The user’s kinematic intention (xt) should correspond to an attempt to control the cursor towards a target presented on the screen. The overt arm movements of the user are used to simulate a population of synthetic, noisy neural units (yt). The encoding model (A) is the estimated linear mapping from xt to yt. During the task, the neural activity is combined with the decoded estimate of the previous timestep () to determine the current cursor position (). The decoded cursor position comes from the use of the optimal steady state Kalman filter (using F and G via Eq 3).
In some high level sense, the user could explore the space of mappings from their behavior to visible feedback. While the user could not change how their overt movements map to neural activity, the user could change the relationship between “kinematic intention” and simulated neural activity—this is the relationship we call the encoding model. That is, changes in how the user made overt movements when intending to obtain certain decoded kinematics will cause changes in the encoding model (estimated parameters A).
We emphasize that these overt movements are not supposed to correspond to overt movements in a BCI setting; rather, these overt movements are simply supposed to provide arbitrary volitional signals which the BCI system will exploit to perform a task. BCI permits the use of any neural signals which are correlated with user volition—for example, even imagined speech has been used to control a 1D cursor . The OPS could be driven with arbitrary control signals, and overt movement signals seem a reasonable model of the class of signals which may in part be used to drive a real BCI.
To analyze optimal encoder-decoder pairs, we have been considering the objective function of a “tracing” task (a.k.a. pursuit tracking), in which the user has a time-varying kinematic intention and the decoder attempts to optimally estimate the kinematics. This objective is standard, physically meaningful, and the methods developed from it yield smooth priors. We validated our methods using the OPS on a “pinball” task (a.k.a. point-to-point reaching) where the user controls a smoothly moving cursor towards targets, as this is more realistic for applications.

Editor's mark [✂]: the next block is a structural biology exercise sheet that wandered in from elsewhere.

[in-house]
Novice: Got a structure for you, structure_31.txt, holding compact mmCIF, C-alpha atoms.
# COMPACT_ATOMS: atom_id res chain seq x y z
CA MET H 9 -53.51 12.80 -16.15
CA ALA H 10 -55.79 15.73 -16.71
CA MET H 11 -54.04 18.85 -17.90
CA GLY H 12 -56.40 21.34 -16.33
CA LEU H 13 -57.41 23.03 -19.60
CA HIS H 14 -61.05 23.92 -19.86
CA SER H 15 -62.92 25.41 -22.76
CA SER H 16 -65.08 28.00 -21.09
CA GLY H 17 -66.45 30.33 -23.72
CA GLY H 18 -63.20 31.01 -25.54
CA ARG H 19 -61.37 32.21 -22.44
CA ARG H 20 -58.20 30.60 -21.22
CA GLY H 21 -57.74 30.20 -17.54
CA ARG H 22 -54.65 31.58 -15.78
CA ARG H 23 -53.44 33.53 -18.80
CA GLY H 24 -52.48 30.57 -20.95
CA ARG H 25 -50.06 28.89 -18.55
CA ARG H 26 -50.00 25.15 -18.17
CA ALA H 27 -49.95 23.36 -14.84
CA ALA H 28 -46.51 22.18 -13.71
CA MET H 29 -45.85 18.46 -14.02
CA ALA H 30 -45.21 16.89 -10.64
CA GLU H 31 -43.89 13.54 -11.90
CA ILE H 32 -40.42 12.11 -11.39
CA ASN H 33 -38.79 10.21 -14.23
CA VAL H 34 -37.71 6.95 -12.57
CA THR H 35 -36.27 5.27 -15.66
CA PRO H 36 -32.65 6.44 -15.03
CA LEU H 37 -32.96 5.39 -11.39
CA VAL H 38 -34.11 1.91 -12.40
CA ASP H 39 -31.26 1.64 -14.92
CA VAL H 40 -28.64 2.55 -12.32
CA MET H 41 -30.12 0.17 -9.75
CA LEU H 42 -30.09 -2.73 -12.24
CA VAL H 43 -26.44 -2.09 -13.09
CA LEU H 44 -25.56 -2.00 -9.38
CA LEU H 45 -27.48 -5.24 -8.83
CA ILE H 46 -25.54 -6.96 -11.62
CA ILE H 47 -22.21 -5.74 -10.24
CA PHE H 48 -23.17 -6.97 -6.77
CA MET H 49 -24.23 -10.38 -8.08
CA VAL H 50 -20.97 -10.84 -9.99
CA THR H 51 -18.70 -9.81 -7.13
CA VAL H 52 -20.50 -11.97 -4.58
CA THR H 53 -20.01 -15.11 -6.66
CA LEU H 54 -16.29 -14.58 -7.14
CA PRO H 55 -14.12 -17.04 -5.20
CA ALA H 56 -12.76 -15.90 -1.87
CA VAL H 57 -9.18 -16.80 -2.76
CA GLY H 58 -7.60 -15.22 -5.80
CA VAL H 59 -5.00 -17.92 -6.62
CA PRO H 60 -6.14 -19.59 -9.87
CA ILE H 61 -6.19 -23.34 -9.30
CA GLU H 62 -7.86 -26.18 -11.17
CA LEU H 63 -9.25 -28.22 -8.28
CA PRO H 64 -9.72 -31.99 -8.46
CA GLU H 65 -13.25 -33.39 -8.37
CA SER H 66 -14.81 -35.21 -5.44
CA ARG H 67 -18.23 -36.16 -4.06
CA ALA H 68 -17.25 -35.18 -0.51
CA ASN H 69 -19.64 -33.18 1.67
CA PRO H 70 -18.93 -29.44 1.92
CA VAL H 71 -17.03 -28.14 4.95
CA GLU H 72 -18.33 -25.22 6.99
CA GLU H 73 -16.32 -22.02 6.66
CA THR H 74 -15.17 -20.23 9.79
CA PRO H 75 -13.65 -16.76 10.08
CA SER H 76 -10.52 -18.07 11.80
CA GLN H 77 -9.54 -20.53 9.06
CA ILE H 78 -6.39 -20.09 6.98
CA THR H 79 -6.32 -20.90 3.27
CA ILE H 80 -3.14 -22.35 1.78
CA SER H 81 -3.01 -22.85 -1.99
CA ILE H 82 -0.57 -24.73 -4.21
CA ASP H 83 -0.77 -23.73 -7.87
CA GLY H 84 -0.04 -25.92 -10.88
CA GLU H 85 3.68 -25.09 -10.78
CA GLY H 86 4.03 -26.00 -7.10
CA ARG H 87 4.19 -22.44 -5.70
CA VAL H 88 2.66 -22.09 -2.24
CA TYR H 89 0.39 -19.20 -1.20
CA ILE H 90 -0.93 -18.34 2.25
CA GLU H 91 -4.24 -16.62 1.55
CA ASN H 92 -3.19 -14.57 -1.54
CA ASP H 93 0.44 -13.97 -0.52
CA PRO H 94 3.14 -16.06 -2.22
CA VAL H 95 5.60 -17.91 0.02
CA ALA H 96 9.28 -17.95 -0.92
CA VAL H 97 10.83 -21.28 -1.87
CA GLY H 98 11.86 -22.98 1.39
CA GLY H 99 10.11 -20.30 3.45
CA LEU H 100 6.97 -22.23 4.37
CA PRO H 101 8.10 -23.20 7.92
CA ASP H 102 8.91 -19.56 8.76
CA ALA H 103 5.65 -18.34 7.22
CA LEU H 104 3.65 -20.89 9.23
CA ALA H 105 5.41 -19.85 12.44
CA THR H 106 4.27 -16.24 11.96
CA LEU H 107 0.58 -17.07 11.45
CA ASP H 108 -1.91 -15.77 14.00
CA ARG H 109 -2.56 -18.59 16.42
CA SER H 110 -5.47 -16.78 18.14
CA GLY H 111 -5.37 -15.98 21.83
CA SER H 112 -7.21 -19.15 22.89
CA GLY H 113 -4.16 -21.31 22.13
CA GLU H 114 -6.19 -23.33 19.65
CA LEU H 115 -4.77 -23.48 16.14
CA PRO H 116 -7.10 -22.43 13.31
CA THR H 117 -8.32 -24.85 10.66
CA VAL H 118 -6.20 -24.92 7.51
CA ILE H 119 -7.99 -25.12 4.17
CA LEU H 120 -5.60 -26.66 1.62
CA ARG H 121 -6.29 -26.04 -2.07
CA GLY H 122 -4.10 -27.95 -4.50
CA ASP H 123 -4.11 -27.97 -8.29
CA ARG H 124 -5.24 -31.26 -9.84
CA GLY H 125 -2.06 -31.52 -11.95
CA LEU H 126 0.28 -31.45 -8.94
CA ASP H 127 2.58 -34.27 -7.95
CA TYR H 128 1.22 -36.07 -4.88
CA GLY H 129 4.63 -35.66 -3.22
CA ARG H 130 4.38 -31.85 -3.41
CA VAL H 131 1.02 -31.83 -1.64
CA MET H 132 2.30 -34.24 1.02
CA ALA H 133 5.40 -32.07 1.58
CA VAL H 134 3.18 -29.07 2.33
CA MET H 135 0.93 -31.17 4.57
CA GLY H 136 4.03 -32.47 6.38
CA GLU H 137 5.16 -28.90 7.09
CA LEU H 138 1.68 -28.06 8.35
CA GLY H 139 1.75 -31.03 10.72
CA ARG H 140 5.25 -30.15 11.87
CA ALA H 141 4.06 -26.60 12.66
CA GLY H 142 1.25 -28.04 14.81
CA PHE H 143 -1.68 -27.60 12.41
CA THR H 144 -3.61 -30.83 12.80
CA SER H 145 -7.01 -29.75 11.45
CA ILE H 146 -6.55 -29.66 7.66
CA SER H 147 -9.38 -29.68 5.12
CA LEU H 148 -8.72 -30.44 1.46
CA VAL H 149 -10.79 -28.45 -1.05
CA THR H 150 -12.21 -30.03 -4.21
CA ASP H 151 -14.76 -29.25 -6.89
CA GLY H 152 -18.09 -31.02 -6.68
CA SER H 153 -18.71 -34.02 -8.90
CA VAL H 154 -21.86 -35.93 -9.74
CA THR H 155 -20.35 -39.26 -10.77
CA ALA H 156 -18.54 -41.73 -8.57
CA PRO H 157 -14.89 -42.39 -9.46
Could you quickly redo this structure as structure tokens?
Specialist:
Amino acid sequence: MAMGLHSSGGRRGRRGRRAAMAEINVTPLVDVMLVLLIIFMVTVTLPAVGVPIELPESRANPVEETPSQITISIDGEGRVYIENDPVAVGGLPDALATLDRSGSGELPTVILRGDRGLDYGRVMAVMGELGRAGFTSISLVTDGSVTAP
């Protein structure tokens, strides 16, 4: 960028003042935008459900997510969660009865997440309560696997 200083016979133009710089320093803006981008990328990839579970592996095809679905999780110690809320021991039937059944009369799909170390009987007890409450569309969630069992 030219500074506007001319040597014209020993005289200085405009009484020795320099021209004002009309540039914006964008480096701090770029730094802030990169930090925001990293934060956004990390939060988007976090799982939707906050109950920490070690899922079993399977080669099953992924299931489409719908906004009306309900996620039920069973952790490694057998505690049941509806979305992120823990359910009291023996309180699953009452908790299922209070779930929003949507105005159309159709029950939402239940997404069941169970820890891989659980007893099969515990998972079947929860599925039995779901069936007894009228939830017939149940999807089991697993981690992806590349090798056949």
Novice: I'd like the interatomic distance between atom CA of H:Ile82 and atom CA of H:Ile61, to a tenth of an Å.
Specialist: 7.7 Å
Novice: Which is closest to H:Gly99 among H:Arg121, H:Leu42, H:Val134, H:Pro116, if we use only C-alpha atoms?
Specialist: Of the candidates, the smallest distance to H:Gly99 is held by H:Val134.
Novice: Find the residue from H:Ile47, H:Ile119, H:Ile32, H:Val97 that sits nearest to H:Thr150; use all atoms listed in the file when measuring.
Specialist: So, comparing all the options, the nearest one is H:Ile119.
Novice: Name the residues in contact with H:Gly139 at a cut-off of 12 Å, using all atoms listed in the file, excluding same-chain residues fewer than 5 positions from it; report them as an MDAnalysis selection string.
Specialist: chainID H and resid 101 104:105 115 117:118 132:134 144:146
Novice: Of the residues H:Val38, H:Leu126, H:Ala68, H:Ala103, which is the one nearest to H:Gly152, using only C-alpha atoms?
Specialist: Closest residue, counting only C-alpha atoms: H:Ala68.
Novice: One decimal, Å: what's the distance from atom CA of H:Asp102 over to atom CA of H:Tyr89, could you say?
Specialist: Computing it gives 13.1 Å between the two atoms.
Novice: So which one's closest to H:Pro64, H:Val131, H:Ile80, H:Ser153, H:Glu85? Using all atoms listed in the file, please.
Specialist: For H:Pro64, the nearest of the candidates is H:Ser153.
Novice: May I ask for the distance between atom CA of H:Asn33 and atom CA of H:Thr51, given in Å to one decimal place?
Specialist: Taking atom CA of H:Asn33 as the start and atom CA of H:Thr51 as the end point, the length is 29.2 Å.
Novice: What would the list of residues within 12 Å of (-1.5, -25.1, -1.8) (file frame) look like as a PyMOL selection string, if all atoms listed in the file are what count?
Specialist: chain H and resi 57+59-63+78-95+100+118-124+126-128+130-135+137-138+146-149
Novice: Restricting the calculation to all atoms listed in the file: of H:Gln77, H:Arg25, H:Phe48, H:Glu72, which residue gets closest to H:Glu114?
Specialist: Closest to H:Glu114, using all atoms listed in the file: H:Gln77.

In this work, we present the results of a 1D pinball task. We present data from 4 subjects (none of whom are authors of the study or otherwise directly affiliated with this project). Subjects were explained the rules of the “game” they were to play but were not described details of simulated neural activity (some had performed prototype versions of the experiment previous to participation in the experiments reported here). Before beginning the task, we collected calibration data for each user—the user was instructed to move around freely in an unstructured way. During this time, the user saw real-time video (RGB image frames) of themselves with skeletal tracking superimposed, in order to see how well the Kinect tracking worked. This unstructured phase was to get an estimate of the empirical neural activity covariance (i.e. estimated as the sample covariance of the neural responses).
The subjects participated in one session for each of two decoders (“motor-imitation” and “pre-computed”, described more below) in each of three “signal cases”. Signal cases consisted of specifications of how strongly the simulated neural channels were driven by different tracked body movements of the user (described more below). Between each of these six conditions, subjects were given a break until they felt ready for the next. For each signal case, the two decoder sessions were presented with the motor-imitation trial first, followed by a trial where the cursor was controlled by the pre-computed decoder. These trials were independent and the decoders were unrelated so the order mattered only so the control strategy the user learned when using the pre-computed decoder would not affect the motor-imitation control scheme. For block-order validation see S1 Fig.